Higher credit quality, USD denomination, and a structural tilt toward Asia made EM corporate debt among the most defensive EM assets during recent market corrections. In 2018, for example, the J.P. Morgan CEMBI Broad Diversified declined 2% while most other EM assets declined 5%–15%.

In the first quarter of 2020, EM corporates3 experienced a monthly maximum drawdown of 11.5%, while other EM asset classes declined 13%–20%.

EM Corporates Offer Diversification Potential

While many institutional investors currently do not have strategic allocations to EM corporate debt, the asset class offers meaningful potential diversification benefits relative to many widely held institutional assets, particularly commodities, core fixed income, and U.S. equities.

(Fig. 3) EM Corporate Debt Ownership

Different buyer bases potentially allow managers to exploit regional inefficiencies. Debt outstanding, as of July 31, 2019

EM Corporate Debt Ownership

Source: J.P. Morgan (see Additional Disclosures).
*Not including unidentified investors. Normalized to total 100%.

In addition to generating attractive risk‑adjusted returns at the index level, a closer examination of the EM corporate debt universe shows that different regions historically have offered significantly different risk/return profiles, allowing investors to calibrate their exposures throughout a market cycle.

(Fig. 4) Contributions to Excess Returns for Emerging Markets Corporate Bond Representative Portfolio

Most sectors and half of EM countries contributed meaningfully to positive performance. *Five Years ended December 31, 2020

Contributions to Excess Returns for Emerging Markets Corporate Bond Representative Portfolio

Past performance is not a reliable indicator of future performance. The representative portfolio is an account in the composite we believe most closely reflects current portfolio management style for the strategy. Performance is not aconsideration in the selection of the representative portfolio. The characteristics of the representative portfolio shown may differ from those of other accounts in thestrategy. Please see the GIPS® Composite Report for additional information on the composite. Sector classifications based on T. Rowe Price internal classifications. Source: T. Rowe Price. *Versus the J.P. Morgan CEMBI Broad Diversified.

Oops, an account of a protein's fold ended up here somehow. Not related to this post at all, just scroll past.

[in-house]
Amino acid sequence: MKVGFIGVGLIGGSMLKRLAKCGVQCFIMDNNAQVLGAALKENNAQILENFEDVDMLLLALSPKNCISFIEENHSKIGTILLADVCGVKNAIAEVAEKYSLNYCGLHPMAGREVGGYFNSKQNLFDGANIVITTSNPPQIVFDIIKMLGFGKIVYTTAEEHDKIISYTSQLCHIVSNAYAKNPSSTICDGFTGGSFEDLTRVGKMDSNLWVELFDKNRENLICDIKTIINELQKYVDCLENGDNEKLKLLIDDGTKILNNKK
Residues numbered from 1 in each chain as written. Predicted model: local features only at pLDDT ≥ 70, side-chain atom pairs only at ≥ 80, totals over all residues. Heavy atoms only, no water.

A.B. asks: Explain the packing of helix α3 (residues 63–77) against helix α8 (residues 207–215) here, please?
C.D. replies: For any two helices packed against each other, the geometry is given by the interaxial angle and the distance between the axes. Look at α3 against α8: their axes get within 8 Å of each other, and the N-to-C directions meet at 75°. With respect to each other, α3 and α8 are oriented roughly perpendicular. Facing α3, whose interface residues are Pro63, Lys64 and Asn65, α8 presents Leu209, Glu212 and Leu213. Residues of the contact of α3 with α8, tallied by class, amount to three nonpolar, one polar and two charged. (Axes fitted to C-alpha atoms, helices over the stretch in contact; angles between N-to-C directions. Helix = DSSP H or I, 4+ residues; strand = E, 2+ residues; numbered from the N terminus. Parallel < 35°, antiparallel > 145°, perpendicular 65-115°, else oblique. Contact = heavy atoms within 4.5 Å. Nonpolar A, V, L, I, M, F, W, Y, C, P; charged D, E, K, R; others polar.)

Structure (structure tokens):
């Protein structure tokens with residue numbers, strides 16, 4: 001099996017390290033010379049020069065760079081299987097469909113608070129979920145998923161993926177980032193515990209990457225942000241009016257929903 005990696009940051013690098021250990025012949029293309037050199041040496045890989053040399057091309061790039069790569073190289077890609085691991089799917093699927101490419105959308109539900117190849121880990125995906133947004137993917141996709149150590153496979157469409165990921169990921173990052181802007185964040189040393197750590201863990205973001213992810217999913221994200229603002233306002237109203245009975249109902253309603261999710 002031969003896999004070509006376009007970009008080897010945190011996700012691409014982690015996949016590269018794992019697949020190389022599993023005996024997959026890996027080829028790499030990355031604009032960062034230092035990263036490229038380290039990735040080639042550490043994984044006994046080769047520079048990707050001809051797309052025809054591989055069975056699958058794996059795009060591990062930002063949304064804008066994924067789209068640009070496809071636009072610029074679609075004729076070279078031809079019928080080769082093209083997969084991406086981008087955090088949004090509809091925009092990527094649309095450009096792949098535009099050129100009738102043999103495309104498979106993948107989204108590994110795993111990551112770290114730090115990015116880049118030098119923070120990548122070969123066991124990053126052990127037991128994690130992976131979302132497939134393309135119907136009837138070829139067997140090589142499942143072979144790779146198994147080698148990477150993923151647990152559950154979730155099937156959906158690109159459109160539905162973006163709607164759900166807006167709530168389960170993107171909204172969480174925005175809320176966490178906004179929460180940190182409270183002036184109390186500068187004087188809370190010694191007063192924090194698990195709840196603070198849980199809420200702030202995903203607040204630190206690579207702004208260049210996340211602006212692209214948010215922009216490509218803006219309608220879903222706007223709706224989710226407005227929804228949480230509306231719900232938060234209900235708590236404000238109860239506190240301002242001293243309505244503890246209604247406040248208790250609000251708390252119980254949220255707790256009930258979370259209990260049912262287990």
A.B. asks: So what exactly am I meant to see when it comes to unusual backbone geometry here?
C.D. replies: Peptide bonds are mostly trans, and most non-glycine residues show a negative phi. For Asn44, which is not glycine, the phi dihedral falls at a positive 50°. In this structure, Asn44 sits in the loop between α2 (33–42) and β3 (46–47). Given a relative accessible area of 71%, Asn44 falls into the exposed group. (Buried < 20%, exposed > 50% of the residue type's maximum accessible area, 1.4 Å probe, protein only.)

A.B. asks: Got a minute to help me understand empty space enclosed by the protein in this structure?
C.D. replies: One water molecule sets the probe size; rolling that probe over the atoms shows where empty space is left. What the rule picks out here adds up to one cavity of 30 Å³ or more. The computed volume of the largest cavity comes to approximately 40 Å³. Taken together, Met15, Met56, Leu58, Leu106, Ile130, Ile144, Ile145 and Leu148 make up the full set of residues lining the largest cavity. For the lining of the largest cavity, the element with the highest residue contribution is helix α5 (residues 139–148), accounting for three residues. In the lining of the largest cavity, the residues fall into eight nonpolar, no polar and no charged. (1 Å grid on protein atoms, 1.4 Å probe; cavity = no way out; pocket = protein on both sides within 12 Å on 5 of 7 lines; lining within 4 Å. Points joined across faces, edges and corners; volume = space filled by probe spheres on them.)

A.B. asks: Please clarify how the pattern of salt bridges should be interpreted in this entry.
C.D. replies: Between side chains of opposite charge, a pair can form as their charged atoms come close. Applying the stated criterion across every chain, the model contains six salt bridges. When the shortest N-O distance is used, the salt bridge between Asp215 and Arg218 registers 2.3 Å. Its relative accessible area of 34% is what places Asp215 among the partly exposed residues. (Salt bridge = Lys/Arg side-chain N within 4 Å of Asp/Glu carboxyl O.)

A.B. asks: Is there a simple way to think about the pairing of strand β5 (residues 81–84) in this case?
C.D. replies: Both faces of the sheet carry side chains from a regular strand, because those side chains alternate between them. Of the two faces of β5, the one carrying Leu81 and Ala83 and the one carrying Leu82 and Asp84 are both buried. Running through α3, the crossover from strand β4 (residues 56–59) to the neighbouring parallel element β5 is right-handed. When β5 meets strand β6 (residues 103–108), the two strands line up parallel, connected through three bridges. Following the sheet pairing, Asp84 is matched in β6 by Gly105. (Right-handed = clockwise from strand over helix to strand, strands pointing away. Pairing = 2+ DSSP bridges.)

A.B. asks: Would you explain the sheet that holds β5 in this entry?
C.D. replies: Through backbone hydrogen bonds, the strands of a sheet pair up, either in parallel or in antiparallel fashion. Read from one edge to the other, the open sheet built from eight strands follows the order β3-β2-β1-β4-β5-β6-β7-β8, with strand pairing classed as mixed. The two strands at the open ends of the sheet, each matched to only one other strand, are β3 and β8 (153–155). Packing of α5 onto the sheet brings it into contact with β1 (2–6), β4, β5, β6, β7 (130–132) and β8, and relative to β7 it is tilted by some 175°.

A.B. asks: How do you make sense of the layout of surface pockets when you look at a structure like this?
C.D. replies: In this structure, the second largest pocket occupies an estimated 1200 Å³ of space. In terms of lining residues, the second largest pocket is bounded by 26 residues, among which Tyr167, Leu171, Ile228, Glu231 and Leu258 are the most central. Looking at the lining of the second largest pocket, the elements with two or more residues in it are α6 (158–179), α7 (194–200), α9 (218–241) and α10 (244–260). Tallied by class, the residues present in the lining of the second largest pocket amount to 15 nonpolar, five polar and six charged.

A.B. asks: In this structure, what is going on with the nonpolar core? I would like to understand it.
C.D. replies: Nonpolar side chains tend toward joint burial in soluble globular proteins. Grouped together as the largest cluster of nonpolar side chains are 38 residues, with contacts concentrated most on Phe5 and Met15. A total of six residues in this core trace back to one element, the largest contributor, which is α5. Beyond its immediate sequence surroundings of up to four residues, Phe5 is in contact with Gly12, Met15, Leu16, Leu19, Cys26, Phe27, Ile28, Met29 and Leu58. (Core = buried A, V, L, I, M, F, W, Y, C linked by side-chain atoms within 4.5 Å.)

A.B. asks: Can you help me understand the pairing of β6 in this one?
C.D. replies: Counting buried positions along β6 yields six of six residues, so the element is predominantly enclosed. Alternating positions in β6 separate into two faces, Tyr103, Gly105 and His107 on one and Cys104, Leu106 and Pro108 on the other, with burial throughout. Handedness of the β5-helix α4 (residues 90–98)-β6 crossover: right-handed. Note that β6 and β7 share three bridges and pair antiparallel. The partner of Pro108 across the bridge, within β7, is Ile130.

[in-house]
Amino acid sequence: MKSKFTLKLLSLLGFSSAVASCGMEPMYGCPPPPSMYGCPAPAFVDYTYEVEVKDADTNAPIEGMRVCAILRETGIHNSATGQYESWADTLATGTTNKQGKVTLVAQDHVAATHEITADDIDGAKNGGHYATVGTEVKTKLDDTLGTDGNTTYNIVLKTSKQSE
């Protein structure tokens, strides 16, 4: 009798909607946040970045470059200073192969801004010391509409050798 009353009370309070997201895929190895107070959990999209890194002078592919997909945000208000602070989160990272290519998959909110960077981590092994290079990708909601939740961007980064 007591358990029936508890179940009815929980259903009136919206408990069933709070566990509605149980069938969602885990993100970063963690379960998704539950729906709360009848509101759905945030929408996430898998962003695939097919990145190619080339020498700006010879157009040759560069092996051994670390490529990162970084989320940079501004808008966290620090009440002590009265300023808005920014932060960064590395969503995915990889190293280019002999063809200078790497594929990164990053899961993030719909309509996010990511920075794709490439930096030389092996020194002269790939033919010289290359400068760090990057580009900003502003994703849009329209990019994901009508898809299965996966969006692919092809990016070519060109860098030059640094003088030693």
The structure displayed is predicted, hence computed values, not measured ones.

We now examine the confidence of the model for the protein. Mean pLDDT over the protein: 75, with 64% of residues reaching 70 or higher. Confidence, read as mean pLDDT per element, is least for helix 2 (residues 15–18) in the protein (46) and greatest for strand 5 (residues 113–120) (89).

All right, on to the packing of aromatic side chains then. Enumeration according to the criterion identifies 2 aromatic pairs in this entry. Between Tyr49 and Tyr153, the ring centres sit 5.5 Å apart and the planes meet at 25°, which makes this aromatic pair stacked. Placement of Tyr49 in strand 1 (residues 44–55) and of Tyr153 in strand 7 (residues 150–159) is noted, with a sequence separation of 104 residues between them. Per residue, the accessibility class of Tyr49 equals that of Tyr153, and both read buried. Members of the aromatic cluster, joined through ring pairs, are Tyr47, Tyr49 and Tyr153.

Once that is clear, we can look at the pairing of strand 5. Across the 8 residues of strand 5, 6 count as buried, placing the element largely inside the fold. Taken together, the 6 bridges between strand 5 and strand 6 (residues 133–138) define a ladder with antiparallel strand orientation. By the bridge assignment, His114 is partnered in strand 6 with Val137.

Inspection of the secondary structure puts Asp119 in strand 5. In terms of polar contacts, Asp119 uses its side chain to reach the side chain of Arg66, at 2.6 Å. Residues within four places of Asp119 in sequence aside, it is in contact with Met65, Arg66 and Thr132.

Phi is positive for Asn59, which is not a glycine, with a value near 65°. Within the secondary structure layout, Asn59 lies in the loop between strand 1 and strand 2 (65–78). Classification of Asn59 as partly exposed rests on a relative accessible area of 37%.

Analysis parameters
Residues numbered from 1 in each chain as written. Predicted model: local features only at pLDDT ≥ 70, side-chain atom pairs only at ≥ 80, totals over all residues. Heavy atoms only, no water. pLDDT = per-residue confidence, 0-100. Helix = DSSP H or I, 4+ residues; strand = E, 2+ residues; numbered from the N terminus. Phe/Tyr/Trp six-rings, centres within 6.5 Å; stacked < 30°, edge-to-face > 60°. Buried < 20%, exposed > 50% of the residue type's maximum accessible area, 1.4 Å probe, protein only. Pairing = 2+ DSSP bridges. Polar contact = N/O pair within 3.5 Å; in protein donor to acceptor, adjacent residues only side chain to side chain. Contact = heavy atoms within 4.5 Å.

Very different domestic buyer bases also potentially allow active managers to exploit technical inefficiencies across regions. In Asia, large numbers of local buyers historically have tended to provide support during market sell-offs, generating a more defensive return profile. In Latin America, by contrast, foreign investors—including U.S. crossover investors—dominate the market, making for more frequent technical dislocations. 

IMPORTANT INFORMATION

This material is being furnished for general informational purposes only. The material does not constitute or undertake to give advice of any nature, including fiduciary investment advice, and prospective investors are recommended to seek independent legal, financial and tax advice before making any investment decision. T. Rowe Price group of companies including T. Rowe Price Associates, Inc. and/or its affiliates receive revenue from T. Rowe Price investment products and services. Past performance is not a reliable indicator of future performance. The value of an investment and any income from it can go down as well as up. Investors may get back less than the amount invested.

The material does not constitute a distribution, an offer, an invitation, a personal or general recommendation or solicitation to sell or buy any securities in any jurisdiction or to conduct any particular investment activity. The material has not been reviewed by any regulatory authority in any jurisdiction.

Information and opinions presented have been obtained or derived from sources believed to be reliable and current; however, we cannot guarantee the sources' accuracy or completeness. There is no guarantee that any forecasts made will come to pass. The views contained herein are as of the date noted on the material and are subject to change without notice; these views may differ from those of other T. Rowe Price group companies and/or associates. Under no circumstances should the material, in whole or in part, be copied or redistributed without consent from T. Rowe Price.

The material is not intended for use by persons in jurisdictions which prohibit or restrict the distribution of the material and in certain countries the material is provided upon specific request.  

It is not intended for distribution to retail investors in any jurisdiction.

Canada—Issued in Canada by T. Rowe Price (Canada), Inc. T. Rowe Price (Canada), Inc.’s investment management services are only available to Accredited Investors as defined under National Instrument 45-106. T. Rowe Price (Canada), Inc. enters into written delegation agreements with affiliates to provide investment management services.

© 2021 T. Rowe Price. All rights reserved. T. ROWE PRICE, INVEST WITH CONFIDENCE, and the bighorn sheep design are, collectively and/or apart, trademarks or registered trademarks of T. Rowe Price Group, Inc.